On 1 and 2: I’m not sure the student/ prof comparison works fully insofar as the student is obviously an apprentice/ in training. I’m also not sure that many people would accept that doing a research degree is a job, though in Scandinavia that is accepted (but, problematically, it also means you would be a state employee). But let’s put it another way. If society thinks it is a good thing to have more PhD graduates, it ought to ensure the students are properly resourced during their studies. We can agree on that. Under current conditions, you seem to say this would mean rationing PhD entry to match available resources — whether we continued to use studentships, or paid salaries (as QMUL is actually now investigating). That would radically reduce the chances of doing a PhD for all but the offspring of viscounts and oligarchs. Fair enough, if that’s what you want. I’m not sure I’d endorse it. The way I square the circle is to be very frank with applicants at the outset about their prospects in academia and try to prepare them either to be very competitive in the academic job market and/or to acquire other workplace skills so they are not merely cast aside. Being frank and offering the difficult choice to students as to whether to embark on a PhD or not (as well as the financial opportunity to do so) seems a bit better than just closing down opportunities altogether (after all, there will always be some students who get GTA studentships who do make it into academia, but wouldn’t even get to do a PhD under your proposals). If that’s true, then we have to think of creative ways to help students finance their studies (while also combating institutional pressures to recruit willy-nilly, and being very honest, and providing training, etc, etc).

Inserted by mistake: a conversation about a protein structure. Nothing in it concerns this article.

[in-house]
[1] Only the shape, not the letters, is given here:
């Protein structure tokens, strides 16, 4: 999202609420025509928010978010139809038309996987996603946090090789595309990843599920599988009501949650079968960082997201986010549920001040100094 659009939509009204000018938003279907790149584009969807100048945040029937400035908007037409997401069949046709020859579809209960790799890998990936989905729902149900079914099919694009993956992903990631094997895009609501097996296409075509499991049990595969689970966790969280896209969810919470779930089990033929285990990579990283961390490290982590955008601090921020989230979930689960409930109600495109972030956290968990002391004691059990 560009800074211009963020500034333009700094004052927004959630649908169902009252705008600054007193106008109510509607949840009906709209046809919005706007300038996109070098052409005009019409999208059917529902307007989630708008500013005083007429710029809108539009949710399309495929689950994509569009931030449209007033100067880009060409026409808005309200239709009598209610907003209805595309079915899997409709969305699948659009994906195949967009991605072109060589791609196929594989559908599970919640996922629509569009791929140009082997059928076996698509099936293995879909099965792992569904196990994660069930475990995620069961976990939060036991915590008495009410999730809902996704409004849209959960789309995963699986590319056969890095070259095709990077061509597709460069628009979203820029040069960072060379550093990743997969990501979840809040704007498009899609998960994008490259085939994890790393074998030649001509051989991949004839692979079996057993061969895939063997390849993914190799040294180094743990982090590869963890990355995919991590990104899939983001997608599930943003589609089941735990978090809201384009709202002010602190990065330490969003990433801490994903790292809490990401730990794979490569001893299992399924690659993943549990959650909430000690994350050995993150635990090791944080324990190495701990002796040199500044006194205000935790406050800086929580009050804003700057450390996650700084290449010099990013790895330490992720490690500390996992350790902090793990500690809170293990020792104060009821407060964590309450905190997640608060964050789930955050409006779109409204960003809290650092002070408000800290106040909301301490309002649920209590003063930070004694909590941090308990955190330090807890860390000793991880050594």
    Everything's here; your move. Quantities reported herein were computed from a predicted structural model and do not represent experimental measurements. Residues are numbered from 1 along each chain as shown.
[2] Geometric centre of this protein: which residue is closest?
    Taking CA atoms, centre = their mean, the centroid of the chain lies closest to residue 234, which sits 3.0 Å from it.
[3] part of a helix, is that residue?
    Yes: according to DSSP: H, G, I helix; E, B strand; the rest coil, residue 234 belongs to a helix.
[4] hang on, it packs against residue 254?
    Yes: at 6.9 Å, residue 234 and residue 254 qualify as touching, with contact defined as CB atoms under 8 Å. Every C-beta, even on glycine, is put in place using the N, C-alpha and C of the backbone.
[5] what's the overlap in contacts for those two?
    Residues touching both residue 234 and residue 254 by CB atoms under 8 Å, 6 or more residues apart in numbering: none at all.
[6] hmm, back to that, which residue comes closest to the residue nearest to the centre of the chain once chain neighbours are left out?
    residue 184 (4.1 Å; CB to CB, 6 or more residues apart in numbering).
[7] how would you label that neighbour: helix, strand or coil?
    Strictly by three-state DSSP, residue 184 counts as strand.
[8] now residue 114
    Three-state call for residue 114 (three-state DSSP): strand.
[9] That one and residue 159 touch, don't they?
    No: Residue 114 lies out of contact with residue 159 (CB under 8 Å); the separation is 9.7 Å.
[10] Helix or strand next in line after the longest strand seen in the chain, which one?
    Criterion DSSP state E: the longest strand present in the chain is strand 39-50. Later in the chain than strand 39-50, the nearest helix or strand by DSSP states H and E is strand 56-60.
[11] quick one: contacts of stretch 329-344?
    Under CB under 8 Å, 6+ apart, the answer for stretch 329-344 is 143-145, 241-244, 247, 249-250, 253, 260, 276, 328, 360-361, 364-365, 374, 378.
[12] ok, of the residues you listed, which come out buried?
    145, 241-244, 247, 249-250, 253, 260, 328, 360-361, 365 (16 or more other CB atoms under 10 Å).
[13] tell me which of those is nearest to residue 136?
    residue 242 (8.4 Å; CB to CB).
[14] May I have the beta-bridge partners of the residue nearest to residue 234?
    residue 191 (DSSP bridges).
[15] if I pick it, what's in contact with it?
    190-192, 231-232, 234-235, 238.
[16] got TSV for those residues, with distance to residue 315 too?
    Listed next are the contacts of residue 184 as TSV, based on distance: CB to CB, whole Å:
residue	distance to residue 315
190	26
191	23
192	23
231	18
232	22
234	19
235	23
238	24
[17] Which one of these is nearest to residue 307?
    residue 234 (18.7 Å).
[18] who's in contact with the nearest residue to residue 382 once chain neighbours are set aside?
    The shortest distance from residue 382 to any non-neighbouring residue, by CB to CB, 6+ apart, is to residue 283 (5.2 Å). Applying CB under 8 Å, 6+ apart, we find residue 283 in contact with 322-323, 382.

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  3. I absolutely agree that being frank with applicants about the academic job market is one of the better ways of dealing with this issue within the current constraints. But I think what we need to get away from, fundamentally, is the idea of a PhD studentship as some sort of ultimate golden opportunity that it is somehow immoral to restrict, rather than a form of labour for which there is simply quite limited demand. Maybe I am eccentric in this respect. I won’t bother making a stupid comparison with bus conductors or something, but even other, highly intellectual forms of labour (novelist, theatre critic, etc.) are rarely conceptualised in this way, despite being even more scarce than PhD places. The ‘oligarch problem’ could be solved easily by abolishing self-funding altogether, though I realise this would appear even more restrictive and would probably require an overall boost in PhD funding to keep up with teaching demand (and, as above, fairer and more rigorous selection). Fantasy proposals aside, I still think teaching studentships are unfair and potentially exploitative _within_ the present environment, for the various reasons discussed above.